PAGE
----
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  11. Yes to all this. We just have to open our eyes to what’s right in front of us. No past no future just this nothing wrong. It’s a difficult but healthy practice I think.
    No matter what you are a gifted writer. I just thought I’d say that. Your writing draws me in, makes me care, reminds me of things I already know but don’t always practice.
    Love Byron Katie. I even love the memes that I hate on Facebook that I frequent every day. They remind me over and over to be kind. It’s starting to sink in.
    May your daughter be well. And you too.
    Alison

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    • Thanks Alison. Sometimes I think I write these posts to remind MYSELF of practices I’ve forgotten. But I like the word “practice” these days in a very literal sense. It leaves room for mistakes and imperfections and less condemnation.

      Liked by 1 person

  12. my mother used to say “This, too, shall pass.” I say the present is interminable. At least doing something useful and paying attention to it alleviates worry for a little while.

    I wish I had answers. Thanks for the soul-stirring thoughts. Some moments are harder to be in than others. Sharing your life in such an intimate way has a healing effect and is admirable for its courage and inspiration.

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    • I used to like to say “it’s just a phase, it will pass”. What a frivolous phrase when it comes to issues of life and death. I’ve completely had to switch my frame of mind to “be here, be in this moment, it is the only one assured.” I think a lot about impermanence these days. I’m not sure it’s helpful!
      Thanks for your kind words, Katherine.

      Liked by 2 people

      • I’m not sure thinking about impermanence is helpful, either, Michelle, but it’s more realistic than thinking about permanence.

        Issues of life and death are always with us, so in that sense, they are permanent. And I agree the moment is all that is assured.

        Words are so inadequate . . .

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  13. Good to hear from you again, sorry life has thrown so much at you and your family. I hope you can all find your way through this time.

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  14. I’m sorry Michelle. Life is so hard sometimes. It is perfectly normal to be devastated, and yet we have to perform the functions of our responsibilities also. Just really freaking difficult but maybe there is some salvation in the routine necessities of life we must attend to. And there is beauty, especially in the helpers that are all around us, who can feel like absolute life lines at such times. Wishing you all well.

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    • Thanks Ilona – if there is any lesson to be learned, I have learned how genuinely kind our impulses as humans are. We forget that sometimes. I’ve been reminded repeatedly over this last year and am truly grateful for generous people who have helped our family, as well as the kind wishes here. I hope that it makes me a more kind person in the future.

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  15. Michelle, thank you for continuing to share your experience with us all. Your strength, perseverance, commitment, and vulnerability are inspiring, though I suspect this is not your purpose in writing. I hope you feel supported and held up by your community of readers/followers. We are here with you, sending you love and wishing you everything you need. ❤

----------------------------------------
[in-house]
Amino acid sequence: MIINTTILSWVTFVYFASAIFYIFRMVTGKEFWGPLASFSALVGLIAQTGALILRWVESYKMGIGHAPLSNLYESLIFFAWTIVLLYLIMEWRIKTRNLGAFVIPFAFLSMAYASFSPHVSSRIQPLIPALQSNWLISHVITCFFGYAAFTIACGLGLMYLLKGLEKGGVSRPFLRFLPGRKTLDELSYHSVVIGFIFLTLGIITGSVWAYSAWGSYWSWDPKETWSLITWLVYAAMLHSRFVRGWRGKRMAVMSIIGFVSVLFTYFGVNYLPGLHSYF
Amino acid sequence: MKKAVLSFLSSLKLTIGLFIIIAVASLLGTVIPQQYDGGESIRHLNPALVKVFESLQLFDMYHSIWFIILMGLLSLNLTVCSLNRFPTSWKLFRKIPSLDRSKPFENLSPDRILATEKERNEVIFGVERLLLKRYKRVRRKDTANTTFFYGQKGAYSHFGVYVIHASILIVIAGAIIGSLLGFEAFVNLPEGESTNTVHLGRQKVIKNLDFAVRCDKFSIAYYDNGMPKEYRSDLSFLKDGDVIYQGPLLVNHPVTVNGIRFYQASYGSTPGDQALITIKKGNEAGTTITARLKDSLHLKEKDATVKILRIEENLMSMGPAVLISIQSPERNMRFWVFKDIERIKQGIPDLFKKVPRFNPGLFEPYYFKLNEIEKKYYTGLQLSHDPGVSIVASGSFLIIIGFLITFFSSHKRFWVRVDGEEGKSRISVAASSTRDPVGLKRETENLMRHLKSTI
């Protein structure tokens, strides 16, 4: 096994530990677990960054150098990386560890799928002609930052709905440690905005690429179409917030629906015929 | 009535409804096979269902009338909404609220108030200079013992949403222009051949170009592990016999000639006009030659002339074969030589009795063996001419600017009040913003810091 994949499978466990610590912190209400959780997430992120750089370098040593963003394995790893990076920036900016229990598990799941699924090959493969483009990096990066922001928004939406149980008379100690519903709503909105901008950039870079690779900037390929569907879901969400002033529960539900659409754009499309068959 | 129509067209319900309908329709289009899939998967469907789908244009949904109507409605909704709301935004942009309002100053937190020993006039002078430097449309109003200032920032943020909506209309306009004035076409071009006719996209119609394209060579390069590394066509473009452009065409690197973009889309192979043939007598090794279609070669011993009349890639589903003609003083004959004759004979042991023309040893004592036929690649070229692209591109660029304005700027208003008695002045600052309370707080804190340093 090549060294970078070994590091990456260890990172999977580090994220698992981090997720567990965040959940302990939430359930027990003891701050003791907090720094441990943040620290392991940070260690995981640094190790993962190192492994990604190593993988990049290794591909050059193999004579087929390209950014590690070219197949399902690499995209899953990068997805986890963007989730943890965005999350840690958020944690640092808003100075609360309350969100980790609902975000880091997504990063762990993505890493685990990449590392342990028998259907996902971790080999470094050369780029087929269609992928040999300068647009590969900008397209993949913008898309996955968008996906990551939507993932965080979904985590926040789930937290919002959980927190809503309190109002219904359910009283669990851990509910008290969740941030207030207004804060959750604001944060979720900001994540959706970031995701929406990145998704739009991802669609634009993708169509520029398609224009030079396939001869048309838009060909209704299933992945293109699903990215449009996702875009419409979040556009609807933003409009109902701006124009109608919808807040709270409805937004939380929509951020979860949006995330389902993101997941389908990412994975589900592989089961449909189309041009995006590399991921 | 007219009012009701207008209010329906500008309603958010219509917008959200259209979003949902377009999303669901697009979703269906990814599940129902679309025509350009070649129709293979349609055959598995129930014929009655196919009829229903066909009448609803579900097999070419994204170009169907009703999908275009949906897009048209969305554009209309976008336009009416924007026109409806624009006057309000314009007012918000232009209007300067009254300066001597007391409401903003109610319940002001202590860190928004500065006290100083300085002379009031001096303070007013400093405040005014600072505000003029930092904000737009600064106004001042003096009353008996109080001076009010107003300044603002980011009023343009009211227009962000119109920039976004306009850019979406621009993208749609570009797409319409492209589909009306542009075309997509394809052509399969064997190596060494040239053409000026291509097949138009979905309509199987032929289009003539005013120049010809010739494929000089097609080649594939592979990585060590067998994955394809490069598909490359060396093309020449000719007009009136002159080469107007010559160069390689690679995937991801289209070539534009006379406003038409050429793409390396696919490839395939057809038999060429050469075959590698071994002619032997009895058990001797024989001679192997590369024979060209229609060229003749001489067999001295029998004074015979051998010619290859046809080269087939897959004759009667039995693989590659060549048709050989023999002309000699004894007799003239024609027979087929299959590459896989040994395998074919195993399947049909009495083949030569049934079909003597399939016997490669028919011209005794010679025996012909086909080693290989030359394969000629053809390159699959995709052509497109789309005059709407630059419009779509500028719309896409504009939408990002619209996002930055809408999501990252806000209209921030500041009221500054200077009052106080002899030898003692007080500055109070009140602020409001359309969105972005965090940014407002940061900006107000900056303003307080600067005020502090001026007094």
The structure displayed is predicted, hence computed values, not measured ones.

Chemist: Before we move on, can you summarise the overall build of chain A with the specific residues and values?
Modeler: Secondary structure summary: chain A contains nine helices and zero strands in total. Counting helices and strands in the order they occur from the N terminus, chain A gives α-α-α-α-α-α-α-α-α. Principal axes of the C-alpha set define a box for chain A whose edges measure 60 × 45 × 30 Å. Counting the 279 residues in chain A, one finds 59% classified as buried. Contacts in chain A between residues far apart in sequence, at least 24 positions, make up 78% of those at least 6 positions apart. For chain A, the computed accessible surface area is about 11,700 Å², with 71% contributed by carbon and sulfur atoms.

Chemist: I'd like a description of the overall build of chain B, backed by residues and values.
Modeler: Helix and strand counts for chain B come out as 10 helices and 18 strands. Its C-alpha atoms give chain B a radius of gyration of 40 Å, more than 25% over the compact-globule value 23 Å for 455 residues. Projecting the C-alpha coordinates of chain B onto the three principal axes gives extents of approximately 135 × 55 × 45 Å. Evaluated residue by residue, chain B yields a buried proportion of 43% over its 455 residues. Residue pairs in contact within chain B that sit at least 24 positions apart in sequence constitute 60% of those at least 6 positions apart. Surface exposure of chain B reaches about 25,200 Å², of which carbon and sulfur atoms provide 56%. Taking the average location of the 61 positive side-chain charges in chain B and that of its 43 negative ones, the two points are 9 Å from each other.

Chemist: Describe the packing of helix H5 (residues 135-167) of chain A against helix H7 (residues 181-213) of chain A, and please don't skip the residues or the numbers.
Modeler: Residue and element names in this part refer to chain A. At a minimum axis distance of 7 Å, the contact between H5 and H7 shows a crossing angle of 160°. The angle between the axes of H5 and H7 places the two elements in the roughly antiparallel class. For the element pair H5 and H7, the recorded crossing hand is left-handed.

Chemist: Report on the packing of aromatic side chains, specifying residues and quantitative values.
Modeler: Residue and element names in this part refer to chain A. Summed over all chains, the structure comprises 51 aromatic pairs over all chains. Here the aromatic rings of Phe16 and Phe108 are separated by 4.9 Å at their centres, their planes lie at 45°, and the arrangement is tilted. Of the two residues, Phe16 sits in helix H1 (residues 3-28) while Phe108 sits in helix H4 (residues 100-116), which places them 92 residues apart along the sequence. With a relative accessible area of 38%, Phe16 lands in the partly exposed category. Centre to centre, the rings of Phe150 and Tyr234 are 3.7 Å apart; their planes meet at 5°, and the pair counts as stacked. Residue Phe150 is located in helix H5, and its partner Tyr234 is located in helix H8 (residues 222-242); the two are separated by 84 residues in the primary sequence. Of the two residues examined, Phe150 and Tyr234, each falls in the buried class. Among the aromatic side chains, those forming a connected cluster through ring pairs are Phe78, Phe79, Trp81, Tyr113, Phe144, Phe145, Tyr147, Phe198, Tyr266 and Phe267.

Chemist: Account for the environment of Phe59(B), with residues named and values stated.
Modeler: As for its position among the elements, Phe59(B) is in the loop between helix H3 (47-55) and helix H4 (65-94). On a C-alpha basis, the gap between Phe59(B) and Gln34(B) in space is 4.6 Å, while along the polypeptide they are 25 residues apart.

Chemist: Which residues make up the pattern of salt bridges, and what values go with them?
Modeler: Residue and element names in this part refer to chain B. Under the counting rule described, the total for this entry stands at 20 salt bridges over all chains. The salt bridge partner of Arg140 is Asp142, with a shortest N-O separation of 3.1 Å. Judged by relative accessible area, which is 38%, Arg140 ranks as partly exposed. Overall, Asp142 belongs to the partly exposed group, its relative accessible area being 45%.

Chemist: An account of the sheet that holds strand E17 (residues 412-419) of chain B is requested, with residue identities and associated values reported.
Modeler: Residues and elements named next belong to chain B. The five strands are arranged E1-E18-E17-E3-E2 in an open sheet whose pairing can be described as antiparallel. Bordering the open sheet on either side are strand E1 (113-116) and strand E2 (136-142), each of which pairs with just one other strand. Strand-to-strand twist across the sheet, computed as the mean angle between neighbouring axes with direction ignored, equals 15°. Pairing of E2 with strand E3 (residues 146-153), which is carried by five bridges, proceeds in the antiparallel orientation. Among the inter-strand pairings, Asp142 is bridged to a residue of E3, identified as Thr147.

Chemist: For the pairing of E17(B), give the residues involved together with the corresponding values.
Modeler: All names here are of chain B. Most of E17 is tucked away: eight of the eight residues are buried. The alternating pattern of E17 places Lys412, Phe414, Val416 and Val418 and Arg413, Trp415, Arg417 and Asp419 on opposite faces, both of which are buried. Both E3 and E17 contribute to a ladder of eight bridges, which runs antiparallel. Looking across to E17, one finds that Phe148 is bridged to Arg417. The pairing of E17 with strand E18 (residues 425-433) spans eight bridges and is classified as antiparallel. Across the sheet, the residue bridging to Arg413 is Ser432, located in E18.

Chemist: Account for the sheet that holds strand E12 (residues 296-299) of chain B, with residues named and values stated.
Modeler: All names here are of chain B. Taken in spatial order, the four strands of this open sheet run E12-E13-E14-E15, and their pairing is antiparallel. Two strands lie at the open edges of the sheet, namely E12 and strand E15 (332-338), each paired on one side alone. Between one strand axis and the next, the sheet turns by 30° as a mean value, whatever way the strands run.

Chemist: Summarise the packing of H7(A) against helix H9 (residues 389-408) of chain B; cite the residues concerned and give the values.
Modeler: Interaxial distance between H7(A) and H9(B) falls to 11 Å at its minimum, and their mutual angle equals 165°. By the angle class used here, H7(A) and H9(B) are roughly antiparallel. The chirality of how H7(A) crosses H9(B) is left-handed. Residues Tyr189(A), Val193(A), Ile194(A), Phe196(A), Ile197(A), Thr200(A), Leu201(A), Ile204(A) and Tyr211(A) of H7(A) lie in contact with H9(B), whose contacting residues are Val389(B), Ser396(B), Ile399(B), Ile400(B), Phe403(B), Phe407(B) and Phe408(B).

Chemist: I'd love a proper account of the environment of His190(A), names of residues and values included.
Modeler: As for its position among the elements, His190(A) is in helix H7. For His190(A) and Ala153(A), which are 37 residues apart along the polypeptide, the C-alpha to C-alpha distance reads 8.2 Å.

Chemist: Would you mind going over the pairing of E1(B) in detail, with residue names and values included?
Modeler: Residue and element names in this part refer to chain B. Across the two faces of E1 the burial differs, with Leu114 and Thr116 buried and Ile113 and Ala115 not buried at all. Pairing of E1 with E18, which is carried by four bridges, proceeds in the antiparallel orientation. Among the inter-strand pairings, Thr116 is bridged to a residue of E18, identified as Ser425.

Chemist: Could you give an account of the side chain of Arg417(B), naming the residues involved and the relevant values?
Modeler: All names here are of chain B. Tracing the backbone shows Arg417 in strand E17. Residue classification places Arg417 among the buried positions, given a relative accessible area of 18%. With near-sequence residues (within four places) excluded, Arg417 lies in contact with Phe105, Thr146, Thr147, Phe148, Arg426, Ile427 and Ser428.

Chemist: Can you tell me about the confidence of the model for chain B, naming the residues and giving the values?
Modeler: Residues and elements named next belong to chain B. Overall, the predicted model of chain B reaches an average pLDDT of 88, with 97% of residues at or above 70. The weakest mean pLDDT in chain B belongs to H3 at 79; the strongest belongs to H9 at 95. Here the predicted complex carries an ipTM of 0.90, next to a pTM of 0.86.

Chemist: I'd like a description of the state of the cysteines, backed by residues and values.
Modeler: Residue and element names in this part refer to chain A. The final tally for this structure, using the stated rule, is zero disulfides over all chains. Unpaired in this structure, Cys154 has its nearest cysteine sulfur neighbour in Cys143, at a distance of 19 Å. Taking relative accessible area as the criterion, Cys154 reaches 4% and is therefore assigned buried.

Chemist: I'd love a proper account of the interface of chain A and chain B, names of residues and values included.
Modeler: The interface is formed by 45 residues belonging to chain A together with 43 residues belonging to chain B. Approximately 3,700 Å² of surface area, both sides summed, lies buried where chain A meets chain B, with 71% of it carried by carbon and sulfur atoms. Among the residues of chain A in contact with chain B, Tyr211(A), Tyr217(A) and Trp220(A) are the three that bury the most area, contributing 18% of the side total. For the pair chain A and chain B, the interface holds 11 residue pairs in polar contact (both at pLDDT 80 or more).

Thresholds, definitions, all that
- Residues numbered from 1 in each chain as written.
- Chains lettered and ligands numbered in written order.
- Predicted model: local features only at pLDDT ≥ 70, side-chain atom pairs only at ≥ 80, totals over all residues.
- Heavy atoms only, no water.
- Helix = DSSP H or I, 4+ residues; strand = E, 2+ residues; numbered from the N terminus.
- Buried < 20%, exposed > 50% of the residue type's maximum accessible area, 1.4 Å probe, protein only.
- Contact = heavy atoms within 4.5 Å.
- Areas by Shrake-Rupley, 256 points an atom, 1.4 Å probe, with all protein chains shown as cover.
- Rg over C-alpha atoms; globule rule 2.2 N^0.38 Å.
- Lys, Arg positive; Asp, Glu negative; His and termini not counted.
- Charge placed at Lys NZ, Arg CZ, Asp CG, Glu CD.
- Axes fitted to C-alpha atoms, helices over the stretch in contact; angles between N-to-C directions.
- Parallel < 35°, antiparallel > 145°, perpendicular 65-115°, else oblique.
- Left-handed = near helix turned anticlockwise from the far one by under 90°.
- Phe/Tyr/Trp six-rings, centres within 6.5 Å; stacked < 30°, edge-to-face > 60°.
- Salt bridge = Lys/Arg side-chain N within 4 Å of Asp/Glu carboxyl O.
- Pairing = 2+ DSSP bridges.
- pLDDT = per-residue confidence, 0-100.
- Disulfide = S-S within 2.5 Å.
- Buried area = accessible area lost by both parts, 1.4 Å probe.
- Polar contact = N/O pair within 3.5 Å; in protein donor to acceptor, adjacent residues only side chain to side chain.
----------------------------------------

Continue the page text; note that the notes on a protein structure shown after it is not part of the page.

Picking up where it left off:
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    • Thanks Cathy. I do so appreciate the kind wishes. I sometimes wonder why I write about this, but both my husband and friends frequently remind me that I feel better when I write. They’re correct. It is my limited ability to shape the narrative when everything else is out of my hands that helps, I suppose. Hopefully, I’ll write from a happier place next.

      Liked by 1 person

  16. That’s a darn good reminder, Michelle. I used to say to myself all the time, “be here, now.” It worked. I had a bad habit some years ago of getting in heated arguments, in my head, with the wife, the boss, a co-worker, a friend, etc. It would put me in a bad mood before I ever saw the person I was fighting with, which often led to a disagreement as a self-fulfilling prophecy. So I started to say to myself (like, say, when brushing my teeth as the “argument” began), “be here, now.” It would pull me back to the present, back to the task at hand. Later, when I talked to the person, everything was fine, better than it would be otherwise.

    I hope everything goes well for you and your daughter now, and that this phase passes quickly; that the light is so bright that the darkness fades forever. Best wishes, my friend!

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    • Hi Tom – sorry I didn’t respond sooner. Your comment got caught in the spam filter where you were keeping company with cryptocurrency nuts, cheap drugs, and mail order sex workers. Your comment is now traumatized and in need of a shower. I’ll answer regardless.
      While I find Scientology rather creepy, I read Dianetics when I was younger and one concept always stuck with me. The reactive vs. analytical mind. In basic terms, it just meant the difference between seeing the situation at hand or reacting based on past experiences, triggers, etc. The “be here, now” mantra is a good one to view a situation without prejudgment. I’ve had long arguments that never happened as well. I try these days to give others a wide benefit of doubt, trying to assume the best, and not ascribing to them things that are not actually in evidence. Not always successful, but definitely less aggressive in my thinking than before.

      Liked by 2 people

  17. Pingback: Groundlessness and the Cultivation of Courage | The Green Study